In that play, it's an opportunistic reverend (Silas Weir Mitchell) who fuses the trinity of Jacobson's passions in a single line: "History is past."
Or, to paraphrase a line from Brecht's adaptation of Marlowe's Edward II, trying to scoop up history is like trying to "catch the wind in a sieve."
Meanwhile, in the venue across the courtyard, at almost the same time, in Rising Son, the following dialogue unfolds between the young man, a collector of folklore named Felix (Steve Coombs), and Trent (Paul Witten), the older biologist who brought Felix to New Orleans: "But you believe in history, don't you?" "I guess so." "Of course." "And history's what holds us together." "That, and secrets."
In an earlier scene, Felix, newly arrived in Gothic old New Orleans, speaks with a man who appears to be Trent's father (Patrick John Hurley) about the urban "design" spew of Los Angeles, a city that, as one character points out, in the brief time since it was annexed into the United States, has destroyed more of its historical buildings and neighborhoods than any city in America: "It has no history to speak of." "It's not trapped by its history." "Nothing to build on." "L.A. hasn't found itself yet."
This dialogue may be a digression in the play's exploration of what gays actually contribute to a society, yet it articulates the primary theme of The Chinese Massacre in the theater next door: the struggle to understand a city by sorting out its history.
And so, in their wildly divergent styles, both plays wrestle with crises of civic identity and of origins, of ascendency through exploitation and exclusion, of living in shame and secrecy, and trying to find some peace in all that, perhaps even something sacred in the endless striving to reconcile scriptures and laws with the brutality of street warfare and bloody purges.
The Chinese Massacre is set in 1891 Los Angeles, 20 years after 18 Chinese men and one boy were shot or lynched in a race riot instigated by vigilantes in the name of protecting local employment opportunities from "foreigners." Even in 1871, with the Gold Rush waning, Chinese immigrant labor had all but completed the major east-west railroad arteries that would provide whatever oxygen of commerce could be breathed. And after the 20-year interlude, an educated Chinese physician named Lee (West Liang) wanders into the mercantile store of the aforementioned Reverend Crenshaw (Mitchell) in order to purchase a novelty item: the severed finger of a Chinese man who was among the victims of the massacre 20 years earlier.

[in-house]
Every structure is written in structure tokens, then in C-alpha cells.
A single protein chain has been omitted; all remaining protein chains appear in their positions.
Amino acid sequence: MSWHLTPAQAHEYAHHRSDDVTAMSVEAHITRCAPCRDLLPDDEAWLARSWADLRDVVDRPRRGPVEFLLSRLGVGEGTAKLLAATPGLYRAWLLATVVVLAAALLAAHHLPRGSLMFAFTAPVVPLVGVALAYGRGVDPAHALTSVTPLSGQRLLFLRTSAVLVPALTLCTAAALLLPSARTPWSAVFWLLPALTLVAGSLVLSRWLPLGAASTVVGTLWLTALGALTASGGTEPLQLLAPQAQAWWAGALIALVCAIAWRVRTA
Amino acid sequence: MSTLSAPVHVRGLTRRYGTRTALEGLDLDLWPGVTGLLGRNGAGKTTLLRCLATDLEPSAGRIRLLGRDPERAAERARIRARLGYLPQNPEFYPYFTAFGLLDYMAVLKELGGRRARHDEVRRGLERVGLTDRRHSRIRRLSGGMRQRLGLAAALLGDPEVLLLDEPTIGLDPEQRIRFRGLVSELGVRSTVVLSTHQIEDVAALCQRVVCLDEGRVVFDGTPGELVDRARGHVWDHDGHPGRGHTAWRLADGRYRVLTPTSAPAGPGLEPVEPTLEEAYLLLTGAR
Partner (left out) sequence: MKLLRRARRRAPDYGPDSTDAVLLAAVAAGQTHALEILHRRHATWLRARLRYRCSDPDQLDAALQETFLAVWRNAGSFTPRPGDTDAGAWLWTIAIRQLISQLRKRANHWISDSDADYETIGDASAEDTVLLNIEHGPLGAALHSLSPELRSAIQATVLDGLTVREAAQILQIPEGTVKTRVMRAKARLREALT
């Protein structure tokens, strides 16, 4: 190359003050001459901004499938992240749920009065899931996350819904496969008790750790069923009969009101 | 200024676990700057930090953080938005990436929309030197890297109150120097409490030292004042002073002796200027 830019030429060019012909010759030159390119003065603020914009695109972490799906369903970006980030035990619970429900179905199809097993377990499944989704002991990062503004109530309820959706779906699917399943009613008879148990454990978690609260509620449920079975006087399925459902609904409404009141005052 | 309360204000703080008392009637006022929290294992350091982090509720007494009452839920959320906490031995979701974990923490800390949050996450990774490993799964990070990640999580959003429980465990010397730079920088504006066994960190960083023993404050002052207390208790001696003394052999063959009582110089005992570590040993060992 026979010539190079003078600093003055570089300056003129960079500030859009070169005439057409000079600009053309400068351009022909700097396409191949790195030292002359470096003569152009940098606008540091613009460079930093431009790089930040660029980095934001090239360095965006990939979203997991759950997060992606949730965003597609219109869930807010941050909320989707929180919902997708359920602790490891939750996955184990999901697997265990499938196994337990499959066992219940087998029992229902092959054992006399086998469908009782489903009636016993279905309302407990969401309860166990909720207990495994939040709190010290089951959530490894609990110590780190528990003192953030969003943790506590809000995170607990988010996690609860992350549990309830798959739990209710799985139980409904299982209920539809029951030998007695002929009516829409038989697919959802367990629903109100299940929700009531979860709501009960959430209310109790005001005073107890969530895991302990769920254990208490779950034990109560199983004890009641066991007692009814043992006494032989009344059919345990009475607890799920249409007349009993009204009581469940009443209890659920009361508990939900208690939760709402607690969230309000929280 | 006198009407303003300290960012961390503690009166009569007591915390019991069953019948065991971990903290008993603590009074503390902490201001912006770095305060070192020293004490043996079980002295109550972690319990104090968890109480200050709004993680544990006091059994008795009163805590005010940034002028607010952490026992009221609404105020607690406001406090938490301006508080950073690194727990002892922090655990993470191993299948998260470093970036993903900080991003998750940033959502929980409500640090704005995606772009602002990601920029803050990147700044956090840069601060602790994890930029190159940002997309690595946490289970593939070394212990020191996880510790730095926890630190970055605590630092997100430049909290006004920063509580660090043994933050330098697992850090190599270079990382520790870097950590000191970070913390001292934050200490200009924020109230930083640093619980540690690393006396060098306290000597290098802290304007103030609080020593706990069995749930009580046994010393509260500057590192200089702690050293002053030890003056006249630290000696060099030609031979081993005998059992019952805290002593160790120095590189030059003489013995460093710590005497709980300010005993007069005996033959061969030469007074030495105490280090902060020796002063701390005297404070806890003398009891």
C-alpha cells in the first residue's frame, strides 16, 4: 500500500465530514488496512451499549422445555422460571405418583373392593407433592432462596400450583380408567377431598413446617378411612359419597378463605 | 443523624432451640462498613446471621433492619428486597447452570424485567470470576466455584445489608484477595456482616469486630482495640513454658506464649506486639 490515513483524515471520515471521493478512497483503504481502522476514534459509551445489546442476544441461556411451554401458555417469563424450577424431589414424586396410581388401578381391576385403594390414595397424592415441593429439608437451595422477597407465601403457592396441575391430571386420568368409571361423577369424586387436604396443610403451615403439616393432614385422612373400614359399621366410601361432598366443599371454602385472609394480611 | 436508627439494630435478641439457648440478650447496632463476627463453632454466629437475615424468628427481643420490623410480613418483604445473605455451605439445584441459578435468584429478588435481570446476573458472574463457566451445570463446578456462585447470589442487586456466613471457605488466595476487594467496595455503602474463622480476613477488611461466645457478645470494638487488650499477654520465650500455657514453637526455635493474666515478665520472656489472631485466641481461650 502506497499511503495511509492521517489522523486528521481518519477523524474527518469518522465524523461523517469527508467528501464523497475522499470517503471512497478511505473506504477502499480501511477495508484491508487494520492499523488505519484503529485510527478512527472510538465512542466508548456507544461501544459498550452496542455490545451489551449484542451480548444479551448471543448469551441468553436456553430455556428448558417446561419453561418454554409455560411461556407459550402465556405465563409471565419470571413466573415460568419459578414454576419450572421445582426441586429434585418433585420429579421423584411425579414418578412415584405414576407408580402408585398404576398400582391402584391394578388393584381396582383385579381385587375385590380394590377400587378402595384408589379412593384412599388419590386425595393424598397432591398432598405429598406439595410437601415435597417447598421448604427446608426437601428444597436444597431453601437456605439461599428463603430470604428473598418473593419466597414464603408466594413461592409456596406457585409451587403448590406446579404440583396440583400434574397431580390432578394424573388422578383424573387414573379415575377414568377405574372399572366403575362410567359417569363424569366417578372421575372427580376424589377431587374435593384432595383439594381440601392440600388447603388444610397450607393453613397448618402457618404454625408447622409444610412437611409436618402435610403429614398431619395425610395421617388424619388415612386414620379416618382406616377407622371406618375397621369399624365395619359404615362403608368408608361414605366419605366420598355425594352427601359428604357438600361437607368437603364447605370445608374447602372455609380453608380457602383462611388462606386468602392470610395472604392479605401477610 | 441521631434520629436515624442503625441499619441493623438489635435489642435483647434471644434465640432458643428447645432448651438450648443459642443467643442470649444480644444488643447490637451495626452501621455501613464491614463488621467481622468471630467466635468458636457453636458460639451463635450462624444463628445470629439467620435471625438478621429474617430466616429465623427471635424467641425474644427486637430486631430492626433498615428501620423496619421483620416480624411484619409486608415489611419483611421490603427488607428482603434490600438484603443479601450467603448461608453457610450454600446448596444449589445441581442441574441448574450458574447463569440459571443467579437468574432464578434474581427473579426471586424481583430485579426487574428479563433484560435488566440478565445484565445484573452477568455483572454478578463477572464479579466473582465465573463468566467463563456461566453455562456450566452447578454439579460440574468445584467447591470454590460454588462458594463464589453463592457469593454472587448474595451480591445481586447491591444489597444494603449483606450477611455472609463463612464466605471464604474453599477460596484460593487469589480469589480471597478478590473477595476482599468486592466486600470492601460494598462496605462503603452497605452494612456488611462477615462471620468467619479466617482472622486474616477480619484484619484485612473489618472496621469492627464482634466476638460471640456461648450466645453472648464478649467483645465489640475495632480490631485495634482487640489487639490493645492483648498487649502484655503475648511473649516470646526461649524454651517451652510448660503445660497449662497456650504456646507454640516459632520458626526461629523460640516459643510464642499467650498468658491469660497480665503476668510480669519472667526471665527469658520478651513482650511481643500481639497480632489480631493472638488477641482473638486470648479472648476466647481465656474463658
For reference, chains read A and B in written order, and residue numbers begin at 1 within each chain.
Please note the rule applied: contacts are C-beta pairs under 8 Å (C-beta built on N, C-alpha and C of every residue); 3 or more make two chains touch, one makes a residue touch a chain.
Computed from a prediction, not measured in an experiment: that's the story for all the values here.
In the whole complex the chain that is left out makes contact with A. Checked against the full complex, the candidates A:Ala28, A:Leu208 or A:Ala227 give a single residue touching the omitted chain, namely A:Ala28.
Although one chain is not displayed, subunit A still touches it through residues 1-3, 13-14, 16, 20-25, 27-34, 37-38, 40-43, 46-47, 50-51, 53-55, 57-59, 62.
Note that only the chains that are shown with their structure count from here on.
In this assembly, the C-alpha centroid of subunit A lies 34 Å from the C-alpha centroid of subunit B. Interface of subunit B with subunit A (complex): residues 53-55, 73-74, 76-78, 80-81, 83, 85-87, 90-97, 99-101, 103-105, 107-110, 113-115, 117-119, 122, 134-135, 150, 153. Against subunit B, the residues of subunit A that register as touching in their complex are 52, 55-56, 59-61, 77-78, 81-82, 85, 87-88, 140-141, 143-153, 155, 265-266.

This is the kind of artifact that archaeologists and paleontologists use to fathom the mysteries of the past. Lee's purpose is not only historical but religious. The finger is the last remaining fossil of somebody he knew — withered flesh and bone deserving of sacred burial, rather than being locked away in some shopkeeper's jewelry box. Lee is like Antigone, arguing with her uncle Creon over an honorable funeral for her brother, whom Creon regards as a traitor.
And from the minutiae of their barter, the events leading up to the massacre unfold in flashback, told, enacted, corrected and annotated, because a truthful history rarely makes for the best yarn. And it's the myths we recall, the hyperenergized, oversimplified rendition that gets made into the movie or published in schoolbooks — presuming that history is even in the curriculum.
The history that unfolds in the play includes Chinese human traffickers and slave traders, and Caucasians who risked their lives to protect the persecuted. It's the Holocaust in miniature, set in the Wild West. L.A. in 1871 had only six policemen, according to the play. One local sheriff, calling on marauding Angelenos to go home and let the law handle this Chinese crisis, is swiftly disarmed and overrun. There's stoic black Biddy Mason (Lisa Tharpes) who embodies the play's moral center, spitting into the Santa Ana wind, a kind of Donna Quixote.